Bravery in design brings rewards well beyond a client’s brief.
Lake District National Park Authority
It was such a pleasure to listen to you explaining what you see for the site, and the sorts of designs you have already thought about and come up with.
It’s a delight to hear an architect who not only really believes in what he is saying and describing, but then actually puts it into action as well; and it was quite obvious that this belief and desire was coming from you, not just because your client has asked you to do something and you were trying to ‘sell it’.
I’m always very appreciative of those who carry through the strength of their convictions, whatever they are – not just in the planning process.
Water End House is part of a small collection of dwellings on a family estate centred around the largest dwelling Derwent Bay House which sits to the north of Water End House.
Built in 1903, Damson Fell was the vicarage to the nearby village church and was named after the plentiful Damson trees that are a part of this delightful corner of the Lake District National Park, the property is set in private grounds of approximately 1.2 acres. Damson Fell is a fine example of Edwardian Lakeland architecture.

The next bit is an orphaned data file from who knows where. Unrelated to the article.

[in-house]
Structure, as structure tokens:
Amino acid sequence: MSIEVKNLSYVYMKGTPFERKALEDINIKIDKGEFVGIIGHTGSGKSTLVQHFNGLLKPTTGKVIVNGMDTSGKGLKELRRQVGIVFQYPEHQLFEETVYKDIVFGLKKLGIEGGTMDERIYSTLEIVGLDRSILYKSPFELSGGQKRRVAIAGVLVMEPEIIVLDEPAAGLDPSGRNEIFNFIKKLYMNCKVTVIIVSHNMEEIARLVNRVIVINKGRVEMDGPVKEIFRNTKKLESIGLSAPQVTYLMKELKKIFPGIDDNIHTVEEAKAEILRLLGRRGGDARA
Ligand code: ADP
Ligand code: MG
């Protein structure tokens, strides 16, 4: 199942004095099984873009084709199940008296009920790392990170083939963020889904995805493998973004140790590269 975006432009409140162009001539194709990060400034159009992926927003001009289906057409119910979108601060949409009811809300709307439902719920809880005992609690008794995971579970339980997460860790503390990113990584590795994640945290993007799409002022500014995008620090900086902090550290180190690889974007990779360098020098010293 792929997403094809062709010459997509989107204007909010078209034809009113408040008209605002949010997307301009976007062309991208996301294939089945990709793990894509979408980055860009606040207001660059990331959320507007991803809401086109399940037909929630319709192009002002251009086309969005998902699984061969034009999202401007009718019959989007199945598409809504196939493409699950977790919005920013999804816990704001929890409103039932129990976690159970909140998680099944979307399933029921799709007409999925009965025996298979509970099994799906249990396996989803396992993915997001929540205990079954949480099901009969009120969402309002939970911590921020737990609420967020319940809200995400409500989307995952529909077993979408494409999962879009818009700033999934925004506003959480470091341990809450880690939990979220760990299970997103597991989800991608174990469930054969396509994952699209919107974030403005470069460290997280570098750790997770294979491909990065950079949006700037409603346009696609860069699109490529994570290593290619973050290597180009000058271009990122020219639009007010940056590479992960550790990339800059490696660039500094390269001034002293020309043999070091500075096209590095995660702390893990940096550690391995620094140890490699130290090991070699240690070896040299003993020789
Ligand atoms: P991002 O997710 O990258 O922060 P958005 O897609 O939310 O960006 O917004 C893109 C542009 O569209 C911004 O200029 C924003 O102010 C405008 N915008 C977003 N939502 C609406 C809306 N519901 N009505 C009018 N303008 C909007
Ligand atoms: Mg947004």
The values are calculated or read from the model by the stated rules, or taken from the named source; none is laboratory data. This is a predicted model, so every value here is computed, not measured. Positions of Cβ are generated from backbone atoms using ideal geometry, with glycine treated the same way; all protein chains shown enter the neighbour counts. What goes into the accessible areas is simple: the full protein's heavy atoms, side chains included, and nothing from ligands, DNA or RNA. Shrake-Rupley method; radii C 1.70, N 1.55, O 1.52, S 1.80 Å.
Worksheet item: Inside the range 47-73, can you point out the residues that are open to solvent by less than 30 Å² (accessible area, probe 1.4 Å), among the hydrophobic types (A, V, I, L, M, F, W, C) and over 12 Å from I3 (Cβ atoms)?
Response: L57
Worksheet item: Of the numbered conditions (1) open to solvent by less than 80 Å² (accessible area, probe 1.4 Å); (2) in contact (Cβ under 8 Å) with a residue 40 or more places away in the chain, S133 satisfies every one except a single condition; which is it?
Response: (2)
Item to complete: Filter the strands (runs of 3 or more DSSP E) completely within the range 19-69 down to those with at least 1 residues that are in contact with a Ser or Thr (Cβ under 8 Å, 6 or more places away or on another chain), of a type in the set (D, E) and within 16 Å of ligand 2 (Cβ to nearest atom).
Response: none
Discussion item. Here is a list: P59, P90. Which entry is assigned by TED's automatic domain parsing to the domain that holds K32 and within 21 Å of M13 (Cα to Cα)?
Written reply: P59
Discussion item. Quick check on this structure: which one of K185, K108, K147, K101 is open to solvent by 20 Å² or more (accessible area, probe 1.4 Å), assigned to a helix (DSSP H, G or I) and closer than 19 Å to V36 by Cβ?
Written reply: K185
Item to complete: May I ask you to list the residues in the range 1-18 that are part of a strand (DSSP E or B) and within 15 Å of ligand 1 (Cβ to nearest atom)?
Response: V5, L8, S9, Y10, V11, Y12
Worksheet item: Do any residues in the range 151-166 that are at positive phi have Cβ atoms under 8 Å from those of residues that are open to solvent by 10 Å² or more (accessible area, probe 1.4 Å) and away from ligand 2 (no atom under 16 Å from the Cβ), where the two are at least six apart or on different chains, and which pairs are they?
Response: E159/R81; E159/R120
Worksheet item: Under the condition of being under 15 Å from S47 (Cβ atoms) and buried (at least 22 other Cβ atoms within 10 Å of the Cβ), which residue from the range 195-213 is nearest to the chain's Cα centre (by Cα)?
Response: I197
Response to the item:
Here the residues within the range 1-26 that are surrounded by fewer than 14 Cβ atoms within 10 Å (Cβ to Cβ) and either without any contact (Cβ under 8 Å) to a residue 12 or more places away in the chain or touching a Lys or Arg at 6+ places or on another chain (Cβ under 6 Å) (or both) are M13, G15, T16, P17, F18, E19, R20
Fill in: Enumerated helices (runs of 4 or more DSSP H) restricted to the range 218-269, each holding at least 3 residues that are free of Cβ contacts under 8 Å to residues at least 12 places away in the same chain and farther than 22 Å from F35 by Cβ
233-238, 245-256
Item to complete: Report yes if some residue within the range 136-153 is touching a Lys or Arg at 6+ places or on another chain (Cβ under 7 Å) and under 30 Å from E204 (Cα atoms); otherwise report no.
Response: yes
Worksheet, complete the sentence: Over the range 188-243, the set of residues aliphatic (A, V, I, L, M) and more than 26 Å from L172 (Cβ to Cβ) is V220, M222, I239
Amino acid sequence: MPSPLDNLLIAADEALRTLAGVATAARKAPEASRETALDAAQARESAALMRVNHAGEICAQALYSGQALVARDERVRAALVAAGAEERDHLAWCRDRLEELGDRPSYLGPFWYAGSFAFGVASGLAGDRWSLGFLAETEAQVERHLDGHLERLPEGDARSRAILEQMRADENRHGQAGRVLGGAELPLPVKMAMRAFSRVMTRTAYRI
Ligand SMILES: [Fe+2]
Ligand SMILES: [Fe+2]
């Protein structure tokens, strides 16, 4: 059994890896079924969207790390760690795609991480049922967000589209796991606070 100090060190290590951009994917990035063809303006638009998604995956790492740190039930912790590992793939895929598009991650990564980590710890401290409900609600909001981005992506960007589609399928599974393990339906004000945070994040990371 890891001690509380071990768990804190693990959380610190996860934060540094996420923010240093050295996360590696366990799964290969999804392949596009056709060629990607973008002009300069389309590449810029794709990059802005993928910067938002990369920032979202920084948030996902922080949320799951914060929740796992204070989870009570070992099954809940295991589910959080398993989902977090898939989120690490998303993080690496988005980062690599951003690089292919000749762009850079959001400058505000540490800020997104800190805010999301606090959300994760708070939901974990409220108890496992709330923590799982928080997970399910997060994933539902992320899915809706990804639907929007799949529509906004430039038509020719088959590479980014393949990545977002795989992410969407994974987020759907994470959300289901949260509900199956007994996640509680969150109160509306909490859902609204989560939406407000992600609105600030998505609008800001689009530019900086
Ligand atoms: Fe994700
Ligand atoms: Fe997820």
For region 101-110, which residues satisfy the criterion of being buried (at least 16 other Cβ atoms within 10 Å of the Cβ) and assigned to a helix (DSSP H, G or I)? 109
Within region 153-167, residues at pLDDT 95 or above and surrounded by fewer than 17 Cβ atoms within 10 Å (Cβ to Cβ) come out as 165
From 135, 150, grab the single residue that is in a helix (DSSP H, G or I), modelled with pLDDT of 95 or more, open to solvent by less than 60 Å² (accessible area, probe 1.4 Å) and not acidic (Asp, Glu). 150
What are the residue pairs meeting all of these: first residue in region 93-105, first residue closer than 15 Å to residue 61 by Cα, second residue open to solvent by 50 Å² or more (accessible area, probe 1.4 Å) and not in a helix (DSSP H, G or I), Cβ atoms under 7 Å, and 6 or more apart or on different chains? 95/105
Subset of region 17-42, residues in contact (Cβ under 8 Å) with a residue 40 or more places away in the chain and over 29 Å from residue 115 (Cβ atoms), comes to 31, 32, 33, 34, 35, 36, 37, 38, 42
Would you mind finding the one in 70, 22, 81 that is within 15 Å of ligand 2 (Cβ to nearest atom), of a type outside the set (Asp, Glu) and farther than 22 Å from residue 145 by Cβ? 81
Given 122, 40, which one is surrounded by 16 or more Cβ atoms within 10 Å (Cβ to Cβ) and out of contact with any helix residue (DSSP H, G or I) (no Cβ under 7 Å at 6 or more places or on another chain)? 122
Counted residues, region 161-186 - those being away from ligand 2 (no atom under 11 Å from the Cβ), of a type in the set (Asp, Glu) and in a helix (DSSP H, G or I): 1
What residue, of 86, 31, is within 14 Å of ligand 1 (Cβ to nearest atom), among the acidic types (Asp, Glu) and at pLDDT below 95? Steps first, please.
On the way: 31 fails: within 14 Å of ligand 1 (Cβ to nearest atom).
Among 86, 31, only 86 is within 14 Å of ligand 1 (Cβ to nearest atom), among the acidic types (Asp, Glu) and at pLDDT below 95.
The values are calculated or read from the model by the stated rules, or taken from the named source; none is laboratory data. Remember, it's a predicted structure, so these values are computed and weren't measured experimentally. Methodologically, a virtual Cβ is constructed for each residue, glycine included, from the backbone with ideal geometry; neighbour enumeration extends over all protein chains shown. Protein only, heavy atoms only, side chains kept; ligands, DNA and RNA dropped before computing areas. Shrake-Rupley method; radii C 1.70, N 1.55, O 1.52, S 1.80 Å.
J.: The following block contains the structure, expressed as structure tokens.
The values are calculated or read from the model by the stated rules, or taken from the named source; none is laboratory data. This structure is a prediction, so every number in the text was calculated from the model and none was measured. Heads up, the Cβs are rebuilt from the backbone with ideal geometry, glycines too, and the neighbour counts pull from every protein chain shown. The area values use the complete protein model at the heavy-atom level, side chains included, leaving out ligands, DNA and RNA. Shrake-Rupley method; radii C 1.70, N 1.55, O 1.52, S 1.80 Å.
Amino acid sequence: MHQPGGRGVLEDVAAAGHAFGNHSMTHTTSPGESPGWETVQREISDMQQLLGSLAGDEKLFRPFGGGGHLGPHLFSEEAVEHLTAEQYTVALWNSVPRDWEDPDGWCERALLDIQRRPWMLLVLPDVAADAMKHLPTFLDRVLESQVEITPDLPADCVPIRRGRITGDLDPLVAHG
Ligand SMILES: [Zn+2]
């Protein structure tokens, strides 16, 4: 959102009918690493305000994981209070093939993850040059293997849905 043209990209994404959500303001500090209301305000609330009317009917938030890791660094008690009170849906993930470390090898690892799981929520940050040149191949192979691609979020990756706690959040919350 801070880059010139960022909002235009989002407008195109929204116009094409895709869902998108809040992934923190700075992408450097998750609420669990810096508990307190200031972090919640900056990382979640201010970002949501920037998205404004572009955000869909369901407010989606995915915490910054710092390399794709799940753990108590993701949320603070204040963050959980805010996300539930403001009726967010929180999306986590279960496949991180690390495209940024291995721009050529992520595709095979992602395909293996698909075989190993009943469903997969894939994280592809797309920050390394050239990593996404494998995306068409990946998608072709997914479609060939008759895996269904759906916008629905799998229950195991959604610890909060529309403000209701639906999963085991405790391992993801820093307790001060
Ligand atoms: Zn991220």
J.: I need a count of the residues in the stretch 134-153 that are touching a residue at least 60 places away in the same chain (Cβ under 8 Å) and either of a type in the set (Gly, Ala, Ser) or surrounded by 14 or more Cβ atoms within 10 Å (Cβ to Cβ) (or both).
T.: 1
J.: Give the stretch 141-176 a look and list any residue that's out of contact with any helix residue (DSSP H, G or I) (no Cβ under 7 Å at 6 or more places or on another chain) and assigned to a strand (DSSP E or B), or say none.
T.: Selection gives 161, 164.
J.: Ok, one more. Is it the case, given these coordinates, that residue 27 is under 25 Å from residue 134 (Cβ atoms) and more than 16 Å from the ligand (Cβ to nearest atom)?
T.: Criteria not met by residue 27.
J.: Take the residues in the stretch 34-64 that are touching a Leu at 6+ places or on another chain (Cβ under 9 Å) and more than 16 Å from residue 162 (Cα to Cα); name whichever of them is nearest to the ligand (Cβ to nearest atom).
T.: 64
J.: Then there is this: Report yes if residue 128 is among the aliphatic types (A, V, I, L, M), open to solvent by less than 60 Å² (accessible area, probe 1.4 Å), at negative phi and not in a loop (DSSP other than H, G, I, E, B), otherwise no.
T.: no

The Education shelter and toilet facility is situated in the wooded car park at Tarn Hows, Coniston - one of the ‘honey pots’ of The Lake District National Park.
The Sheepfold facility is a striking standalone building situated in The Upper Booth Campsite designed by Crosby Granger for The National Trust in the heart of the Edale Valley in the Peak District National Park.
Architectural design for this contemporary educational shelter within the woods above Windermere for the National Trust.
Our proposals for No.1 Long Houses are sensitive repair to retain as much of the historic fabric as is practically possible.